What is Acupuncture?
Acupuncture is part of an ancient medicine dating back thousands of years, historically used in China, Japan, Korea and other parts of Eurasia. Acupuncture is based on theories very different from our Western medicine system. The body depends on vital energy, known as Qi (chi), being in balance. Qi flows along twelve meridians, or energetic pathways in the body, covering all major areas of the torso, arms, legs and head. When the flow of Qi is blocked, too abundant or deficient, an imbalance arises and pain and illness occur. The lack of density or structure of Qi makes this system of medicine difficult for people to understand.
Think of the meridians like water (Qi) flowing through a river (meridian) in the earth (your body). Rivers have many tributaries or pathways which carry water to many locations, in turn nurturing the earth around the river. Too much water, too little water, or a dam blocking the pathway will cause the water to no longer flow smoothly. Floods, drought and stagnation occur. So, just like water in the river, when Qi does not flow smoothly through the meridians, our body suffers just like the earth.
Acupuncture points are found in specific places along the meridians, where the Qi ‘wells up’ and is easily accessible. Inserting very fine needles into these acupuncture points activates them, helping to restore health and relieve pain. A common assumption about acupuncture is that it hurts. In fact, acupuncture should not usually hurt and should never feel sharper than a pin prick. No pain, though, does not mean no sensation. “Qi arrival” is important and comes with certain sensations such as heaviness, warmth, tingling and/or a dull ache. Most people find the sensation curious but relaxing.
What is a Registered Acupuncturist?
A registered acupuncturist is a complementary health practitioner who takes a holistic approach to the maintenance of health and the management of disease. An acupuncturist inserts fine, sterile, one-time use needles into acupuncture points that trigger the body’s natural healing process. Each patient’s health concern is treated individually, therefore the acupuncture points, needle depth, size and manipulation techniques are chosen for their effectiveness for each individual’s health concern. It is important to know that although other health practitioners use acupuncture within their field of training, only a registered acupuncturist has in-depth training in the art of traditional acupuncture and Chinese medicine. A registered acupuncturist takes training in the foundations of Chinese medicine [TCM]; TCM diagnosis; internal medicine; meridian & acupuncture point location; advanced needling techniques; clean needling technique, as well as western medicine courses. A professionally trained, skilled acupuncturist has the ability to identify the root of a health concern, knows the exact location to put the needles, and does it painlessly.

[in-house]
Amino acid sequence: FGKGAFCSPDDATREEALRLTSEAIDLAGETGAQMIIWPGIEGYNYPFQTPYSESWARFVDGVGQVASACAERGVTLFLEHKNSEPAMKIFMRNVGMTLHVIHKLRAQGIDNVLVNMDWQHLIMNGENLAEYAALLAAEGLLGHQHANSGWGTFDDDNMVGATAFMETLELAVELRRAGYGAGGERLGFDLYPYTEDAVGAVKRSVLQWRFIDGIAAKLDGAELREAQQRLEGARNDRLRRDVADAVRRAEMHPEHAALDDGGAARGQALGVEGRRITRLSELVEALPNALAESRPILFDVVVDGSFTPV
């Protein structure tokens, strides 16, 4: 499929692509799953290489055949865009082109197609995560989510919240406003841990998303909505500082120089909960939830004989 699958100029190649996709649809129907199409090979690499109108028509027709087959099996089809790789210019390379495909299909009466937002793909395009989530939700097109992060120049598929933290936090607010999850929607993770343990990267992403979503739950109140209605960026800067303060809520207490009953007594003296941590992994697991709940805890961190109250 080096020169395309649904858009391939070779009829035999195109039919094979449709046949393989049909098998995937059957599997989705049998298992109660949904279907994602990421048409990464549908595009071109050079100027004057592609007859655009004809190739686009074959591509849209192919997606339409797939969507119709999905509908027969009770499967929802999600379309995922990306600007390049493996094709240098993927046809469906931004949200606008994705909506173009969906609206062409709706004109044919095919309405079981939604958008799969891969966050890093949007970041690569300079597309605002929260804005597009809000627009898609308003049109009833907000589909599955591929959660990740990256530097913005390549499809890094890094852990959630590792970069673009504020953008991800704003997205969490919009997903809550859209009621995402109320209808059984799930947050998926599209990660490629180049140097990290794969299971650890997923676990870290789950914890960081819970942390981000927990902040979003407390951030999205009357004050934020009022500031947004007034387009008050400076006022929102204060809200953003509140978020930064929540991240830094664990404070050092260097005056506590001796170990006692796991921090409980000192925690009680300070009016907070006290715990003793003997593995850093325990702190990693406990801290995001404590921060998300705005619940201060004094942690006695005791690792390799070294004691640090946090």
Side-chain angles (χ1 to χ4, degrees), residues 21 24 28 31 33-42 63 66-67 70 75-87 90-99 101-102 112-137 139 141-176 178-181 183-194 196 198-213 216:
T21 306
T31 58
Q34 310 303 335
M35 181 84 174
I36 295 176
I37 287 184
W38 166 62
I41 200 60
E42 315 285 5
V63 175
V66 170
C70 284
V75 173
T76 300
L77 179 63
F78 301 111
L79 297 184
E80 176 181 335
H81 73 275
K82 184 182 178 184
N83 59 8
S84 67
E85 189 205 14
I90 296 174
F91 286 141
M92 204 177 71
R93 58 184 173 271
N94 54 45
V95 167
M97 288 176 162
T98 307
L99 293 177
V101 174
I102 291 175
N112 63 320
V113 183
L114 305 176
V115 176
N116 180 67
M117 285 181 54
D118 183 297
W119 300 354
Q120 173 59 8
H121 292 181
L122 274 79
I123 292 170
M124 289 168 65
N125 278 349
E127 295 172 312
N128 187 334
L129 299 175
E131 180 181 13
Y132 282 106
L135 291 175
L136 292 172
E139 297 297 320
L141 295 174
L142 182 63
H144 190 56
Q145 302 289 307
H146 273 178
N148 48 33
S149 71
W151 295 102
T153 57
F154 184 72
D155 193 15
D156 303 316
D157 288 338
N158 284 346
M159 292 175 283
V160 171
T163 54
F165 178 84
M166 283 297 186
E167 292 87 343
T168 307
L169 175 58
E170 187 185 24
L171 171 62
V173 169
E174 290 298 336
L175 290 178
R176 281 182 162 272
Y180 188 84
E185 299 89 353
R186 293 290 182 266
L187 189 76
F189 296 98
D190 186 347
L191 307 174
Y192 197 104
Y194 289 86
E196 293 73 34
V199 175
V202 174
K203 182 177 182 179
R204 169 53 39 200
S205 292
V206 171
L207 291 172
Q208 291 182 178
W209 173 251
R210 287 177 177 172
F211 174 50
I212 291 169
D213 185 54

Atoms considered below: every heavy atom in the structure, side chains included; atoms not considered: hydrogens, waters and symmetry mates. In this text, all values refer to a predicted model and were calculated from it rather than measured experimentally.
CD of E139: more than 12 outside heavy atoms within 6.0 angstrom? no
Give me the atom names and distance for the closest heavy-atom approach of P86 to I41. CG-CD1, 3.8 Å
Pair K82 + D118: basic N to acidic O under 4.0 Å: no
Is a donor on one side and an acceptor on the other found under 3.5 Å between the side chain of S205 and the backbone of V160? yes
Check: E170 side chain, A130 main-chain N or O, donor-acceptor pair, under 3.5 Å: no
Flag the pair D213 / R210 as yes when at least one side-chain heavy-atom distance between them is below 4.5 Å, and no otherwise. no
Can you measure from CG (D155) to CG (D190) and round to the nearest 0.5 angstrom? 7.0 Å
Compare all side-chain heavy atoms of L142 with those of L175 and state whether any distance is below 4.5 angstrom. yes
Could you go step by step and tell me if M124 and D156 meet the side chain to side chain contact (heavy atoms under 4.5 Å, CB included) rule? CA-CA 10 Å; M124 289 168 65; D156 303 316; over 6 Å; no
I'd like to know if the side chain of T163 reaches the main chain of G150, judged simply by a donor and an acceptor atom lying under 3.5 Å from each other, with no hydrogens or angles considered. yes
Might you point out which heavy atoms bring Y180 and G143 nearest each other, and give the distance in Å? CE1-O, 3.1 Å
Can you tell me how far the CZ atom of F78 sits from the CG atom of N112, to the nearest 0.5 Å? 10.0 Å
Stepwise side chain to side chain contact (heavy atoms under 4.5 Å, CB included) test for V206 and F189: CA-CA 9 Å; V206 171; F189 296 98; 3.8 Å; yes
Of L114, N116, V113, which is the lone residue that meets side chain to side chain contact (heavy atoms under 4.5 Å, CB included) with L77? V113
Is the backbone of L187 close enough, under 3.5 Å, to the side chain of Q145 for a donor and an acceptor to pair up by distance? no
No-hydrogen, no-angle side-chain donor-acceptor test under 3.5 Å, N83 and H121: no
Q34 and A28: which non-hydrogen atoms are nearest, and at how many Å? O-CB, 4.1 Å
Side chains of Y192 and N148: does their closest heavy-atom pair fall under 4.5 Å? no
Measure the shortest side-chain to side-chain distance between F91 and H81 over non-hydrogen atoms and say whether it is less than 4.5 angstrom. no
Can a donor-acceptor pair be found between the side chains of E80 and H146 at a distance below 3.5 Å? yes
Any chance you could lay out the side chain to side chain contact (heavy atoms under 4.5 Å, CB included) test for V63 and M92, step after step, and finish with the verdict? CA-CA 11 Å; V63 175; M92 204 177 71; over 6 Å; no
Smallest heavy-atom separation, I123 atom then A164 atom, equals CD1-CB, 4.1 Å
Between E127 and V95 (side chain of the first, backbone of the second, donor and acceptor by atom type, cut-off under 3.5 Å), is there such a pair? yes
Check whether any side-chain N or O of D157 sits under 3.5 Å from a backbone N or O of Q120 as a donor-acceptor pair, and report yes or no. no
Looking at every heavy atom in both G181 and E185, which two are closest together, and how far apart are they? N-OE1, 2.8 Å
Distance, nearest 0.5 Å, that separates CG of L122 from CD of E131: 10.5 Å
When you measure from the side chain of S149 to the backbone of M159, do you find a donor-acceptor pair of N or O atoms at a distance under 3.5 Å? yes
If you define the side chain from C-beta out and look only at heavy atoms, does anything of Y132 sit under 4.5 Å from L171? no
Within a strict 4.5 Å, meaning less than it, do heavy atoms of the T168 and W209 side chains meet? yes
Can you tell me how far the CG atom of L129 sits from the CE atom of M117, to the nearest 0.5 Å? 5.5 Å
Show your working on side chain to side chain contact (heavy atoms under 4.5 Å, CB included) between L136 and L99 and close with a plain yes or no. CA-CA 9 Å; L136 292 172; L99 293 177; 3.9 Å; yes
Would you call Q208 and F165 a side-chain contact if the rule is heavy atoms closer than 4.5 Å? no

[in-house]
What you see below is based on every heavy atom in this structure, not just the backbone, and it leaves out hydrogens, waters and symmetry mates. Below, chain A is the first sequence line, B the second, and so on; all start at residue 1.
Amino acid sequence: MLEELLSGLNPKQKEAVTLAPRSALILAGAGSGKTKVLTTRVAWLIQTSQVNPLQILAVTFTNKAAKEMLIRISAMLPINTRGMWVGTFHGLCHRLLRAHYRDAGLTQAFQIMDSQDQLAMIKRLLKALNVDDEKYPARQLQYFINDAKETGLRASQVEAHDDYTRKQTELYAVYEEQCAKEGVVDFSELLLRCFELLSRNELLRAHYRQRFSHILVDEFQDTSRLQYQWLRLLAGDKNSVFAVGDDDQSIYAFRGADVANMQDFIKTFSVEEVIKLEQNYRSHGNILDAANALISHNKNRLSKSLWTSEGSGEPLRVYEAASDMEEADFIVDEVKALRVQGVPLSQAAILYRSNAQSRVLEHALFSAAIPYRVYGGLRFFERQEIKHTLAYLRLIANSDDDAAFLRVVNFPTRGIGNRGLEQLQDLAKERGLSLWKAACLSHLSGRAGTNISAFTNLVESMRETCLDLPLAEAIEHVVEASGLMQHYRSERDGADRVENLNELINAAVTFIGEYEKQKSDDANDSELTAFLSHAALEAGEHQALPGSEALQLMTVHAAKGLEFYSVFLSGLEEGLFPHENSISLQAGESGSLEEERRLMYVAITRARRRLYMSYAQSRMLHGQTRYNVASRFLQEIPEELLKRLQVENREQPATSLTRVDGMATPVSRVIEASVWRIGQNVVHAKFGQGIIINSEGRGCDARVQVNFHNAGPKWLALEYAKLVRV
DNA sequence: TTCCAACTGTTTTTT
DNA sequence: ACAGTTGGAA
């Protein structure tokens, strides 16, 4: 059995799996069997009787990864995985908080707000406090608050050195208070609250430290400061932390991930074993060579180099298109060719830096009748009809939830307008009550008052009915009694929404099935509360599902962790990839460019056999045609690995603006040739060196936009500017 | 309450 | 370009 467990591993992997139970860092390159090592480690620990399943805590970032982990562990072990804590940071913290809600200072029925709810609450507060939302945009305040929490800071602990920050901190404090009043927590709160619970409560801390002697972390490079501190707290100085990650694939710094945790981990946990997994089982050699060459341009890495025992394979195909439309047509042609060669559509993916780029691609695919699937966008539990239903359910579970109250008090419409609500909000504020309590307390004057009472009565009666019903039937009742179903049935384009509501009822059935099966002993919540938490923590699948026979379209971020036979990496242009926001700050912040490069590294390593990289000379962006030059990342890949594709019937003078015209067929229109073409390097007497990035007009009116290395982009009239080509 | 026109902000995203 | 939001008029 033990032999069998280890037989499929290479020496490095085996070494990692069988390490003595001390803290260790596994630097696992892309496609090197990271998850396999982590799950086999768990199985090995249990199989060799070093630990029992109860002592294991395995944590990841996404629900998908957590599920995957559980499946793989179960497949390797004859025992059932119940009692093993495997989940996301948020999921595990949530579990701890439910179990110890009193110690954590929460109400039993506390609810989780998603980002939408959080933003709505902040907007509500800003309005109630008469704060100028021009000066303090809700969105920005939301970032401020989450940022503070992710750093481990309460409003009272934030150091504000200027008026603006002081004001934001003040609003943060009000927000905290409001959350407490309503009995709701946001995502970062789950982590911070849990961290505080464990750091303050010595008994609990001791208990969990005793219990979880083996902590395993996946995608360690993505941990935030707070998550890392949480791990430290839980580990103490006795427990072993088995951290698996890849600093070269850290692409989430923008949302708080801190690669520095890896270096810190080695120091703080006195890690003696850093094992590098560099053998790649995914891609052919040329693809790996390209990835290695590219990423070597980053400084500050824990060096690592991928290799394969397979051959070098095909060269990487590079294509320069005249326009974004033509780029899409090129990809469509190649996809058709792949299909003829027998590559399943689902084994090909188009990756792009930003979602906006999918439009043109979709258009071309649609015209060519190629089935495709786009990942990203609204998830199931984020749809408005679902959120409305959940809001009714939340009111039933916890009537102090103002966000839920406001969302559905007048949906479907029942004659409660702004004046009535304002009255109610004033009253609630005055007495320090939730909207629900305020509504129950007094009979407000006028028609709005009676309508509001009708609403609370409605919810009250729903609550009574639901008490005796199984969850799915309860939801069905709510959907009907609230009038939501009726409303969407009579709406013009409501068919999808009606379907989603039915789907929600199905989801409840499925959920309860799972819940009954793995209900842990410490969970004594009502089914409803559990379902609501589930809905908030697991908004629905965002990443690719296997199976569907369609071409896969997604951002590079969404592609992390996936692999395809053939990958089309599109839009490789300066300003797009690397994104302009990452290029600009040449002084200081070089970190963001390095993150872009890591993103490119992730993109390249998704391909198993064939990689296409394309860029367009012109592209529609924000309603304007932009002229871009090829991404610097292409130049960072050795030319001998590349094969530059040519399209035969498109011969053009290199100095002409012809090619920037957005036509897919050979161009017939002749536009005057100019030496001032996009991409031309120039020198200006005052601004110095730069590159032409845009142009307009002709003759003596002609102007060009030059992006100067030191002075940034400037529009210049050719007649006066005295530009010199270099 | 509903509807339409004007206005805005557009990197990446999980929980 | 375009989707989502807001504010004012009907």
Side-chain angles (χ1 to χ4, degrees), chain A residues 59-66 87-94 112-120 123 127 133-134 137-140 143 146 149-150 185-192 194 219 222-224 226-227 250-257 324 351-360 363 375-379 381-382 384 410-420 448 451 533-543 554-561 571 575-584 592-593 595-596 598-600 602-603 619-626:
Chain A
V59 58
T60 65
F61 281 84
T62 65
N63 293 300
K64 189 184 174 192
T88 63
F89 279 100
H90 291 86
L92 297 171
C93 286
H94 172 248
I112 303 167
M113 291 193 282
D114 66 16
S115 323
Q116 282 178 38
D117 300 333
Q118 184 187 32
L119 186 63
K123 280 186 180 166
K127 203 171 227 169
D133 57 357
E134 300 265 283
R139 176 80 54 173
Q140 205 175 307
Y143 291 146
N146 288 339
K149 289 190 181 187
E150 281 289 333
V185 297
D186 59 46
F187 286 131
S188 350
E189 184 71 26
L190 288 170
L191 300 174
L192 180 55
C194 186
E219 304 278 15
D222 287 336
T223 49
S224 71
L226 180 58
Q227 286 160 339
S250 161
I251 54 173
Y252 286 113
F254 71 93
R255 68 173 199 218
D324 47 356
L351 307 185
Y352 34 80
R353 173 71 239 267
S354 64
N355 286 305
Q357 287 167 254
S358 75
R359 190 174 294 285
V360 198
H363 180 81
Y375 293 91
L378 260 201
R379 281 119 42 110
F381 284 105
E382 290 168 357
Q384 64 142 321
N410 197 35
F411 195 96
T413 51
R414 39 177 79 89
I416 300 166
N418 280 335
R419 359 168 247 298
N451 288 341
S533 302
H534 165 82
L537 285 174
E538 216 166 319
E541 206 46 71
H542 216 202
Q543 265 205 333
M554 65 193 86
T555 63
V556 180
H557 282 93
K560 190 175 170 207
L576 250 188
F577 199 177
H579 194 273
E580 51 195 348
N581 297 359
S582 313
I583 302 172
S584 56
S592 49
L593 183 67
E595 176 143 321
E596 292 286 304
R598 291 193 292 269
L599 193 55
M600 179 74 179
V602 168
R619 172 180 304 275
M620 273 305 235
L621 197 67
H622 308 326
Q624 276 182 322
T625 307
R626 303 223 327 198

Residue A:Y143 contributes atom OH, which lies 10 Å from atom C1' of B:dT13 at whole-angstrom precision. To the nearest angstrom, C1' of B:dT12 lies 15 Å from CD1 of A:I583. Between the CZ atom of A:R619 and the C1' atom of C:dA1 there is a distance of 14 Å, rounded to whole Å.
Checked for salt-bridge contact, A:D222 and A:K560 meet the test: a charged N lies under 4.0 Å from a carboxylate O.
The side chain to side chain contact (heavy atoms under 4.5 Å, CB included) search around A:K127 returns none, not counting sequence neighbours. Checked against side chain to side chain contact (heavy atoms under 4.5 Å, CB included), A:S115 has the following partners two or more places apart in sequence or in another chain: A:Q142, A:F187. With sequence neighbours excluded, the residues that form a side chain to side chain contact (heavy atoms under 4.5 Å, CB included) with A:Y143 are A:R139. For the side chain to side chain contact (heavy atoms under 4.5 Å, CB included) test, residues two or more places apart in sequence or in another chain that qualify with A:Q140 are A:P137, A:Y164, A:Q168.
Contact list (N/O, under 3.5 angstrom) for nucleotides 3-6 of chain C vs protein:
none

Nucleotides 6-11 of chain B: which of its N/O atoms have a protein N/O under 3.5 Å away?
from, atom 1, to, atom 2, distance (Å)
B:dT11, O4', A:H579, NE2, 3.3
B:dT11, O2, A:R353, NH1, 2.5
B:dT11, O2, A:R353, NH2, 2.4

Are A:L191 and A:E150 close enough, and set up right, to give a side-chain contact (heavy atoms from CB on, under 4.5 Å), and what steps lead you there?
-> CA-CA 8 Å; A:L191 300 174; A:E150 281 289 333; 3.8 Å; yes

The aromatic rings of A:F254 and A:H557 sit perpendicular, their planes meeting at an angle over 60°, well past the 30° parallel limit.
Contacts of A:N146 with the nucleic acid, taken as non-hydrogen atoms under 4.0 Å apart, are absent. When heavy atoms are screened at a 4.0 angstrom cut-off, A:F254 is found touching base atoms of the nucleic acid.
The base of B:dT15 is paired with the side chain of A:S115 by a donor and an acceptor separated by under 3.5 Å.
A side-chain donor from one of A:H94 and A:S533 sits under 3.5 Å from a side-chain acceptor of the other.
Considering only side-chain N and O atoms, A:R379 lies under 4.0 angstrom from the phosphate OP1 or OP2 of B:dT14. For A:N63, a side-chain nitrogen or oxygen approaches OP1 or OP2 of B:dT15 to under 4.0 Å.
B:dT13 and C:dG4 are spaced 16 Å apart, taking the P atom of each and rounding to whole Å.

The correct manipulation of qi can treat a range of emotional and physical conditions, such as:
- Musculo-skeletal disorders – injuries or pain in the body’s joints, ligaments, muscles, nerves, tendons, and structures that support limbs, neck and back. Examples: whiplash, frozen shoulder, tennis elbow, carpal tunnel, bursitis, shin splints, plantar fasciitis and more….